A 32-year-old nurse in Mahshahr reached by the phone said she had tended to the wounded at the hospital and that most had sustained gunshot wounds to the head and chest.

She described chaotic scenes at the hospital, with families rushing to bring in the casualties, including a 21 year old who was to be married but could not be saved. “‘Give me back my son!,’” the nurse quoted his sobbing mother as saying. “‘It’s his wedding in two weeks!’”

The nurse said security forces stationed at the hospital arrested some of the wounded protesters after their conditions had stabilized. She said some relatives, fearing arrest themselves, dropped wounded love ones at the hospital and fled, covering their faces.

On Nov. 25, a week after it happened, the city’s representative in Parliament, Mohamad Golmordai, vented outrage in a blunt moment of searing antigovernment criticism that was broadcast on Iranian state television and captured in photos and videos uploaded to the internet.

“What have you done that the undignified Shah did not do?” Mr. Golmordai screamed from the Parliament floor, as a scuffle broke out between him and other lawmakers, including one who grabbed him by the throat.

The local reporter in Mahshahr said the total number of people killed in three days of unrest in the area had reached 130, including those killed in the field.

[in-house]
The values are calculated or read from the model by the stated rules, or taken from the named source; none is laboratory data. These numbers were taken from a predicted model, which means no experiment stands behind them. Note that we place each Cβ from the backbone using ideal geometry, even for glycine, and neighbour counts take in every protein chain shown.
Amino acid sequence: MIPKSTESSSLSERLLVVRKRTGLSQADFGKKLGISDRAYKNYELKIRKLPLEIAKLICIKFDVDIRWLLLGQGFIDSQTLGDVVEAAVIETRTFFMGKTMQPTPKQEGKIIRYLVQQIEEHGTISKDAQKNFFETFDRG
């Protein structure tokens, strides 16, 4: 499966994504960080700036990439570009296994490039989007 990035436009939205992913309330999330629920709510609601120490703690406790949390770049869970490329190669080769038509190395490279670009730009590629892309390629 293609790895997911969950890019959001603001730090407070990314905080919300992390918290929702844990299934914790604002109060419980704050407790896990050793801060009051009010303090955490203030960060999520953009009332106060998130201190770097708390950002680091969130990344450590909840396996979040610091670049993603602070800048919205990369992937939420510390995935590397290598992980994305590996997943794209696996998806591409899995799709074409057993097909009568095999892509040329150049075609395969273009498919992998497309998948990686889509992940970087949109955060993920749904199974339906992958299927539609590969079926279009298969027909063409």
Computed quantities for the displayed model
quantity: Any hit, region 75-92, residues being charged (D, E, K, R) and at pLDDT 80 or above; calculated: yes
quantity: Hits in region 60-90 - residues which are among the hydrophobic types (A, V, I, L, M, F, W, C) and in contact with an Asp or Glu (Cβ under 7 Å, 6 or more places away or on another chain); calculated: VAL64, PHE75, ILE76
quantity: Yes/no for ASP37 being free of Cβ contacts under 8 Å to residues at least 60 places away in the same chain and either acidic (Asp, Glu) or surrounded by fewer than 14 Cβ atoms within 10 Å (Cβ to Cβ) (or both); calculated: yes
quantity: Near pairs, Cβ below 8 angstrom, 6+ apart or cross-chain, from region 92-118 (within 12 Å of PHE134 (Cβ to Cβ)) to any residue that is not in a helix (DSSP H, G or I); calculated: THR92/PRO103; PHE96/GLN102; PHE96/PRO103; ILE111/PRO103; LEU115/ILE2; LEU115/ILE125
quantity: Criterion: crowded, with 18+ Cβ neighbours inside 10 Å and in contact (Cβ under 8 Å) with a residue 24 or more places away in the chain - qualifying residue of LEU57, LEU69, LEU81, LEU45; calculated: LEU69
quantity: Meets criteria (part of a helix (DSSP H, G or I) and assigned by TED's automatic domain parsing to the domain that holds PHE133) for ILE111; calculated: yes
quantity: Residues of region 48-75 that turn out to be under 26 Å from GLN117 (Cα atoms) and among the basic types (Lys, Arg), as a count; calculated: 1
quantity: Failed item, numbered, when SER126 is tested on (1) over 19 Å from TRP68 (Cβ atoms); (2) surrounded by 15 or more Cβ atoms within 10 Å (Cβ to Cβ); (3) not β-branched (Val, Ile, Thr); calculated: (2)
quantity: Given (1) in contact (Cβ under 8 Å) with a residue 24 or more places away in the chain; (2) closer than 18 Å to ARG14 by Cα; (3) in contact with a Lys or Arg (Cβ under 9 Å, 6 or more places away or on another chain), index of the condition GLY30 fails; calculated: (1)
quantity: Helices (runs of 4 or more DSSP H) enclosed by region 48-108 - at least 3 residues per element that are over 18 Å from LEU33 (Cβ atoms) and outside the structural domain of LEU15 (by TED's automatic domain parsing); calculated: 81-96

“This regime has pushed people toward violence,” said Yousef Alsarkhi, 29, a political activist from Khuzestan who migrated to the Netherlands four years ago. “The more they repress, the more aggressive and angry people get.”

Political analysts said the protests appeared to have delivered a severe blow to President Hassan Rouhani, a relative moderate in Iran’s political spectrum, all but guaranteeing that hard-liners would win upcoming parliamentary elections and the presidency in two years.

The tough response to the protests also appeared to signal a hardening rift between Iran’s leaders and sizable segments of the population of 83 million.

“The government’s response was uncompromising, brutal and rapid,” said Henry Rome, an Iran analyst at the Eurasia Group, a political risk consultancy in Washington. Still, he said, the protests also had “demonstrated that many Iranians are not afraid to take to the streets.”

Real Estate, and Personal Injury Lawyers. Contact us at: https://westlakelegal.com